This past year, she took several official recruiting visits and when it came time to apply, Holgado leaned toward academics over crew. Cal happens to be outstanding in both.

Robbinsville’s Sydney Holgado will attend the University of California in the fall and compete for the rowing team. The Golden Bears won the national title last year.
Robbinsville’s Sydney Holgado will attend the University of California in the fall and compete for the rowing team. The Golden Bears won the national title last year.

“I applied to UC Berkeley thinking it was a long shot, not getting my hopes up,” she said. “I was ecstatic to receive an email early this spring with my acceptance letter. As the first Robbinsville student to be accepted to Berkeley, it’s such an honor to have the opportunity to attend what is ranked as the No. 1 public university in the world. And although I was admitted based on academics, I am proud to say that I have since joined the women’s crew recruiting class of 2020.”

Holgado is taking a break from competitive rowing this summer in preparation for college, and will leave on Aug. 19 for Cal. She has remained involved in the sport by coaching PNRA Novice camps and teaching future generations of Mercer rowers.

According to Mia Barkenbush, a rising junior at West Windsor-Plainsboro South who is on the Mercer Rowing Varsity 8 with coxswain boat, those rowing hopefuls are in good hands.

“I’ve known Sydney since I moved up to the varsity program last year,” said Barkenbush, a standout rower in her own right. “She was always a leader on the team and looked to help out younger team members, especially other coxswains who could learn a lot from her.”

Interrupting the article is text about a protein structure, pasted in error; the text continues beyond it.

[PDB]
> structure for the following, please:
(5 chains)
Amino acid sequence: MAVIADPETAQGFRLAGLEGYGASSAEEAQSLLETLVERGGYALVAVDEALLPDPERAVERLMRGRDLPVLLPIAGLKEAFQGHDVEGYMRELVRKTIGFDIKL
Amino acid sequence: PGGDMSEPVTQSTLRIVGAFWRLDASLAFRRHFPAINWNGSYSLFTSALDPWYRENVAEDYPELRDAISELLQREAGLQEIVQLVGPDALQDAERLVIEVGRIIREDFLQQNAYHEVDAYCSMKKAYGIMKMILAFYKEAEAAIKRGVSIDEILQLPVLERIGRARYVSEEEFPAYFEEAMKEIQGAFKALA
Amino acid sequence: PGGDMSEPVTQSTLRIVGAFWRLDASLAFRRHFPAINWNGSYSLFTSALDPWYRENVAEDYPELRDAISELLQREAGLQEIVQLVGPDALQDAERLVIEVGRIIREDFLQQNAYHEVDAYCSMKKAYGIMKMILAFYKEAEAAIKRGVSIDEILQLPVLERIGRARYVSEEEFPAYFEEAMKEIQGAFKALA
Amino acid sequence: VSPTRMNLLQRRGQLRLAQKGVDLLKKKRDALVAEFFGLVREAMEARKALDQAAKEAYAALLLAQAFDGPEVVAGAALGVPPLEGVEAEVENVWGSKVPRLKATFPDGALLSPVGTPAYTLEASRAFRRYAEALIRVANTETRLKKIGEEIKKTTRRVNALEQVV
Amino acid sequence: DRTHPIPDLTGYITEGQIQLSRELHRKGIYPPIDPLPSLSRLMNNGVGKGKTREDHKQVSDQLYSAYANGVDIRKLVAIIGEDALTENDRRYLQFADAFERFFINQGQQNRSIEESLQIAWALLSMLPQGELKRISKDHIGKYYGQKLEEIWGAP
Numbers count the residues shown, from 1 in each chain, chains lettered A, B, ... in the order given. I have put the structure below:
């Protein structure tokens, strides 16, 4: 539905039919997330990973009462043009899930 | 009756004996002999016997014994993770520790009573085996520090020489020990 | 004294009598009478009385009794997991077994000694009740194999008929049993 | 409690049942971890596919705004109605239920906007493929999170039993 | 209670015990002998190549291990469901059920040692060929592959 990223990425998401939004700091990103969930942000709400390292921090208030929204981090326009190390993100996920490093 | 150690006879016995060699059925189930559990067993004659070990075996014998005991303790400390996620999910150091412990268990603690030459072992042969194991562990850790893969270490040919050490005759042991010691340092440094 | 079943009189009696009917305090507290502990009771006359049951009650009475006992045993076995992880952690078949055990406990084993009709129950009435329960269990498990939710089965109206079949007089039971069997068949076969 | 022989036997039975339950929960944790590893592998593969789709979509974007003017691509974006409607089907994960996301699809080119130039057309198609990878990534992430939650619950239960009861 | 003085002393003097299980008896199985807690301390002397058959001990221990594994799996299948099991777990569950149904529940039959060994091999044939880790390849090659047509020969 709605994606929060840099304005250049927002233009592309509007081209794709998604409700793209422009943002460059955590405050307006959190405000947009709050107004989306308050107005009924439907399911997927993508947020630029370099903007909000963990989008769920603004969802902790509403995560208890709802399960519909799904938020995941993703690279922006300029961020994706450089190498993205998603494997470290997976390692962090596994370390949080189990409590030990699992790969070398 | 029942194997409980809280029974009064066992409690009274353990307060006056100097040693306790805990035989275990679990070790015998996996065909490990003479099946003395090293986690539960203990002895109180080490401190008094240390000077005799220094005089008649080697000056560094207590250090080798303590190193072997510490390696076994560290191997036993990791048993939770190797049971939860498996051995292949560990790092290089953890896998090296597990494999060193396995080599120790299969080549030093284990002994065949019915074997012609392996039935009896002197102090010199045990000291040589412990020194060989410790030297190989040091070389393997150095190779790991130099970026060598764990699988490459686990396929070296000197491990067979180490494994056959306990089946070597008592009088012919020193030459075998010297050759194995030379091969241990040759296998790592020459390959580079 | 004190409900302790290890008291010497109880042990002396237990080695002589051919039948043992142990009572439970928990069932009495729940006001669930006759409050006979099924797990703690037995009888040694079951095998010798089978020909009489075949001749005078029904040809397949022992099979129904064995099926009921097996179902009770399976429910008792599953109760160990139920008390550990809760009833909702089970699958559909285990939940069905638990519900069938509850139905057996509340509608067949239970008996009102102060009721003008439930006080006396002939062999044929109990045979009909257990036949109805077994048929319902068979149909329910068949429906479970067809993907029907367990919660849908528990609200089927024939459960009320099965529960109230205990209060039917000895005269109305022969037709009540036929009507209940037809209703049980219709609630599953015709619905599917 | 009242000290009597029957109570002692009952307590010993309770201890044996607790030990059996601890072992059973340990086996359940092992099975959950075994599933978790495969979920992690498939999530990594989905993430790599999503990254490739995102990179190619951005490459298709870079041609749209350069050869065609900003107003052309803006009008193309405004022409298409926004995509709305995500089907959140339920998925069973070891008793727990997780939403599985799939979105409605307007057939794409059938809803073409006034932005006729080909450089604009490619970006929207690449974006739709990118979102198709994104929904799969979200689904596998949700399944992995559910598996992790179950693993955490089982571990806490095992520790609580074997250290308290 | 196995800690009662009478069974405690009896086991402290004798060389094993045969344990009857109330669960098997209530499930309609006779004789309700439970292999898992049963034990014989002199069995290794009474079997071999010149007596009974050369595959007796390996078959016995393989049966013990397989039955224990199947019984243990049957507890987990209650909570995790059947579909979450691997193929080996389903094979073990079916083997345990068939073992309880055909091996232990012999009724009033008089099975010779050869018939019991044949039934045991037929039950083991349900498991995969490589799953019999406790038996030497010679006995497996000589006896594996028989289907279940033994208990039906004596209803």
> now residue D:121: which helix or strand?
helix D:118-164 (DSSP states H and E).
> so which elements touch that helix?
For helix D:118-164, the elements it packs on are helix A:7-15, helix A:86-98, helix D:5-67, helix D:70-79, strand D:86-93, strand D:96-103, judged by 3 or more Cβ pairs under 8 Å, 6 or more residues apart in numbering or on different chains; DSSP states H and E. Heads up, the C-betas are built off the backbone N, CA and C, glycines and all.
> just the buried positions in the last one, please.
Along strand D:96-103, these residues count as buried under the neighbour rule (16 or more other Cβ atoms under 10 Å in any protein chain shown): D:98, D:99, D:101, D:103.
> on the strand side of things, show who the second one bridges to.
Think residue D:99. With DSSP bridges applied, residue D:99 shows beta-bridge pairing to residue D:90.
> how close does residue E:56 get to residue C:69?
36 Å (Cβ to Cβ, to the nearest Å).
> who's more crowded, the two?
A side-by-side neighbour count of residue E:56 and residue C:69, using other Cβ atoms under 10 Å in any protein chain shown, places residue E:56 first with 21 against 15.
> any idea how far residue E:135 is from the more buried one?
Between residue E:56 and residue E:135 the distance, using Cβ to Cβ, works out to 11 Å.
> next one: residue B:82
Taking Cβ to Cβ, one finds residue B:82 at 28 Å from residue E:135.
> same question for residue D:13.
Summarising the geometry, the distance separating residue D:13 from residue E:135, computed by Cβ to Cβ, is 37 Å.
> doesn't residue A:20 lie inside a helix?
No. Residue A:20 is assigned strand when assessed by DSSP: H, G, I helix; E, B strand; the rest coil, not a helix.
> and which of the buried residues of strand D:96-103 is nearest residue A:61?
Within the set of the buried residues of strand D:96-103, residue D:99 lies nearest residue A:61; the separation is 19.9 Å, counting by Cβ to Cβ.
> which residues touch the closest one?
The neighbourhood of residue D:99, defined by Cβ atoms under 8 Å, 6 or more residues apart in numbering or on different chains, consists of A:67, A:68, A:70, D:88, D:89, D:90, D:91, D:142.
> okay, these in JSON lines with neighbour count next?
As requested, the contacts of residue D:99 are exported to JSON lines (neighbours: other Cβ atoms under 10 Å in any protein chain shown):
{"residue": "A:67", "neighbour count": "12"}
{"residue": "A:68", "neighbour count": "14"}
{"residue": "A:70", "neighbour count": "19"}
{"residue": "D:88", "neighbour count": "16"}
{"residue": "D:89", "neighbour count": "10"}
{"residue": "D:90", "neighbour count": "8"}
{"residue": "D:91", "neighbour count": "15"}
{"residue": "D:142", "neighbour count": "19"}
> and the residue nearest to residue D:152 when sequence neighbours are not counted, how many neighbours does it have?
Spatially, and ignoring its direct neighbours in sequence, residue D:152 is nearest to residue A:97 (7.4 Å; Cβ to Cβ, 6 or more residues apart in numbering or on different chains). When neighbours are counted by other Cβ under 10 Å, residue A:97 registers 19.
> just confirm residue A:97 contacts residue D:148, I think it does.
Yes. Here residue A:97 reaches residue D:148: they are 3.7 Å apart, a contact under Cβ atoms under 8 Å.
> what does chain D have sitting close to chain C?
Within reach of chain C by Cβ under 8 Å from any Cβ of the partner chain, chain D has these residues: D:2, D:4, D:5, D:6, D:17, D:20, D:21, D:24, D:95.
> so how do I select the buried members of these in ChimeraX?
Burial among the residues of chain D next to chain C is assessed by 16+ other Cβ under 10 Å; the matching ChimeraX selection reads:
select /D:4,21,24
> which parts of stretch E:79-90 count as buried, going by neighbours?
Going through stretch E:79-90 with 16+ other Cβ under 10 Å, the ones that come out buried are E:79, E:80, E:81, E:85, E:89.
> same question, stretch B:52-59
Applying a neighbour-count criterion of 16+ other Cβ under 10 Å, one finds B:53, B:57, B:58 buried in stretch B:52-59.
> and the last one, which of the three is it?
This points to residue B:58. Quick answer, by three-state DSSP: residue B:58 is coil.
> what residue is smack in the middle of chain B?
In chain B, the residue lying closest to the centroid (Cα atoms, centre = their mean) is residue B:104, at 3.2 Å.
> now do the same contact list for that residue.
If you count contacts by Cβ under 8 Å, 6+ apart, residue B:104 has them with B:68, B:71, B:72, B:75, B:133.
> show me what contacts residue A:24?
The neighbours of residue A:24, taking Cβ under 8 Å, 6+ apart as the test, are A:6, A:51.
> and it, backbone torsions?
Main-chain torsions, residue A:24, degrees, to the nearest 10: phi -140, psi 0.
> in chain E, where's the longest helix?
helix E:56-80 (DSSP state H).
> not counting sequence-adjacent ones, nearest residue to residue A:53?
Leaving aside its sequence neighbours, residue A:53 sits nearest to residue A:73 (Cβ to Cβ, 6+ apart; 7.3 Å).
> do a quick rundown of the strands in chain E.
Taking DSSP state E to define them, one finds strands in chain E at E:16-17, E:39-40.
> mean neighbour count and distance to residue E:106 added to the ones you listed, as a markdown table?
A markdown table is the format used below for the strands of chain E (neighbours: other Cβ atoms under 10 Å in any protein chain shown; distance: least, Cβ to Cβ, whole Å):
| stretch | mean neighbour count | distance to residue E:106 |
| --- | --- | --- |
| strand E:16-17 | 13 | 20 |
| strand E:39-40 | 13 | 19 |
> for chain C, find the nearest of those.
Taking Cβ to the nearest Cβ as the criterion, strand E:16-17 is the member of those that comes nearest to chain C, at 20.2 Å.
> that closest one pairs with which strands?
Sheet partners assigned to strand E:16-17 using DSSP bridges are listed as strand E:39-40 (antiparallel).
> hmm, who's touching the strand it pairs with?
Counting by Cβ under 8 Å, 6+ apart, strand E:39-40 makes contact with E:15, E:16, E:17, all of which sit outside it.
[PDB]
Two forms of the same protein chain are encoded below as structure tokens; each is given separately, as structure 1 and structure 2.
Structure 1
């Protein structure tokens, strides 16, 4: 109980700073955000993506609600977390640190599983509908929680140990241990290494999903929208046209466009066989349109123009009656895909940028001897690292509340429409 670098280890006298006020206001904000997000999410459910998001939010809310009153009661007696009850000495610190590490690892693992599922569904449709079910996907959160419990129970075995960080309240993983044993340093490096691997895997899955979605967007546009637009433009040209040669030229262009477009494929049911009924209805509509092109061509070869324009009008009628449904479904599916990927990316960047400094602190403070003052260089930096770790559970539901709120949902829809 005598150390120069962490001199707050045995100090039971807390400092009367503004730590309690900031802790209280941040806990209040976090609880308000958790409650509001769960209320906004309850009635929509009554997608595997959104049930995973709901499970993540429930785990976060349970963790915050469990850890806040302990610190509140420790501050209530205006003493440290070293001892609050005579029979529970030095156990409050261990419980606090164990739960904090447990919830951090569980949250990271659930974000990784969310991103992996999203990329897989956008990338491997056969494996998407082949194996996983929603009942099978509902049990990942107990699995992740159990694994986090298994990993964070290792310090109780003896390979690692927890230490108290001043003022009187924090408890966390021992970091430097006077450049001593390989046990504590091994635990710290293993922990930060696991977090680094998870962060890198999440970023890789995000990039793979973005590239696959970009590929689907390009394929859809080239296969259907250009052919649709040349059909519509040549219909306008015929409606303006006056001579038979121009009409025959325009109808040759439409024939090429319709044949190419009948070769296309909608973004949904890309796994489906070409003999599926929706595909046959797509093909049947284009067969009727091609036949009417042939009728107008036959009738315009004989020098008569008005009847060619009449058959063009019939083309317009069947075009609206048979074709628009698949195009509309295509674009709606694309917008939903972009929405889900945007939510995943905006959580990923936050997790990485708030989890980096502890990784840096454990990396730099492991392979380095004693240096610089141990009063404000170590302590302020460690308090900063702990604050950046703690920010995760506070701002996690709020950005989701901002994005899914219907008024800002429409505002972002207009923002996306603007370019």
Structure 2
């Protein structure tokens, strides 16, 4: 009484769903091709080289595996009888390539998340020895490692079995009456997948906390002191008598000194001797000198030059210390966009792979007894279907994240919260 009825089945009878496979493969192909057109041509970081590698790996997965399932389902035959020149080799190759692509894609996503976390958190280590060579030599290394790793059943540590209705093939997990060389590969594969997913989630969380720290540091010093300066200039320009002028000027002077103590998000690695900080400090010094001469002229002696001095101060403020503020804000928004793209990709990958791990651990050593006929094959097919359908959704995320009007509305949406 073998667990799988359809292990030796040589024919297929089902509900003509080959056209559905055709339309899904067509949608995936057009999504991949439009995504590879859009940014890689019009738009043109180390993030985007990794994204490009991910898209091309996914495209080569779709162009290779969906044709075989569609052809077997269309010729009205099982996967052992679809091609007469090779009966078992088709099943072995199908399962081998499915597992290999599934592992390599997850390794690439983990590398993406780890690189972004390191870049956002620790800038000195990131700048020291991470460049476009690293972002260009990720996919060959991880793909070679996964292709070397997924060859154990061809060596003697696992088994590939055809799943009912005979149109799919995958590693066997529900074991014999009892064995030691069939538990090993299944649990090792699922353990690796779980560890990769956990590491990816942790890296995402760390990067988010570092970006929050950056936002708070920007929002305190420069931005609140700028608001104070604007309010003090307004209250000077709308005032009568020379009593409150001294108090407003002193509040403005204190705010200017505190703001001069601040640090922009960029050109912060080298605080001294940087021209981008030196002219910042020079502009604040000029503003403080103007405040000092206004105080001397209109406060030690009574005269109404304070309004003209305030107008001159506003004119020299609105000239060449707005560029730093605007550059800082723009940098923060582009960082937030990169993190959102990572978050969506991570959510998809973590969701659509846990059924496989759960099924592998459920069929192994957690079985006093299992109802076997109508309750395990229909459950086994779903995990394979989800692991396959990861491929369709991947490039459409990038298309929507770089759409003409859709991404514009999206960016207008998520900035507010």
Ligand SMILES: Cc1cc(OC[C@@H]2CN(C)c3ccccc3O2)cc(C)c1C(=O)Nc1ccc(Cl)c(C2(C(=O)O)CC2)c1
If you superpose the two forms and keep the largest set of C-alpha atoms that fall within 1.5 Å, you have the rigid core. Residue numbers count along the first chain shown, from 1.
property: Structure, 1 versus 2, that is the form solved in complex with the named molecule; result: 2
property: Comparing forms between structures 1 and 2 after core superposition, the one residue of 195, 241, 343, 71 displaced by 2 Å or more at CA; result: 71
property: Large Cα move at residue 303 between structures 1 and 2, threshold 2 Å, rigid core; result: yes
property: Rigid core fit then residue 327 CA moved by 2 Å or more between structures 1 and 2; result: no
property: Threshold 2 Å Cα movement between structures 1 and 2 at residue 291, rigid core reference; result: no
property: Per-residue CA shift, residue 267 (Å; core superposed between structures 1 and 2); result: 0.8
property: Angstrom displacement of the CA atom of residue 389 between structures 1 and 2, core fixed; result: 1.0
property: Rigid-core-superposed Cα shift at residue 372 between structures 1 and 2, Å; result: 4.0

The coxswain serves as the boat’s quarterback, as she is in charge of steering, commands, motivation and overall safety of the boat. She is the lone person facing forward during a race, so she can constantly tell the crew where they are on the racecourse, how they compare to the competition, and the stroke rate (the amount of strokes taken per minute).

“Essentially, the coxswain is the brains of the operation while the rowers bring the power,” Holgado said. “I’m expected to have every detail figured out and steer the shortest and straightest course possible, so all the rowers should have to worry about is pulling hard and staying together.”

Once again, Barkenbush feels Holgado is the right girl for the job.

“Sydney is a great coxswain, because she is very organized and on top of things,” Barkenbush said. “She also knows how to push her rowers to perform their best. I was with Sydney for some of my first races on varsity, and she helped to make them an amazing experience.”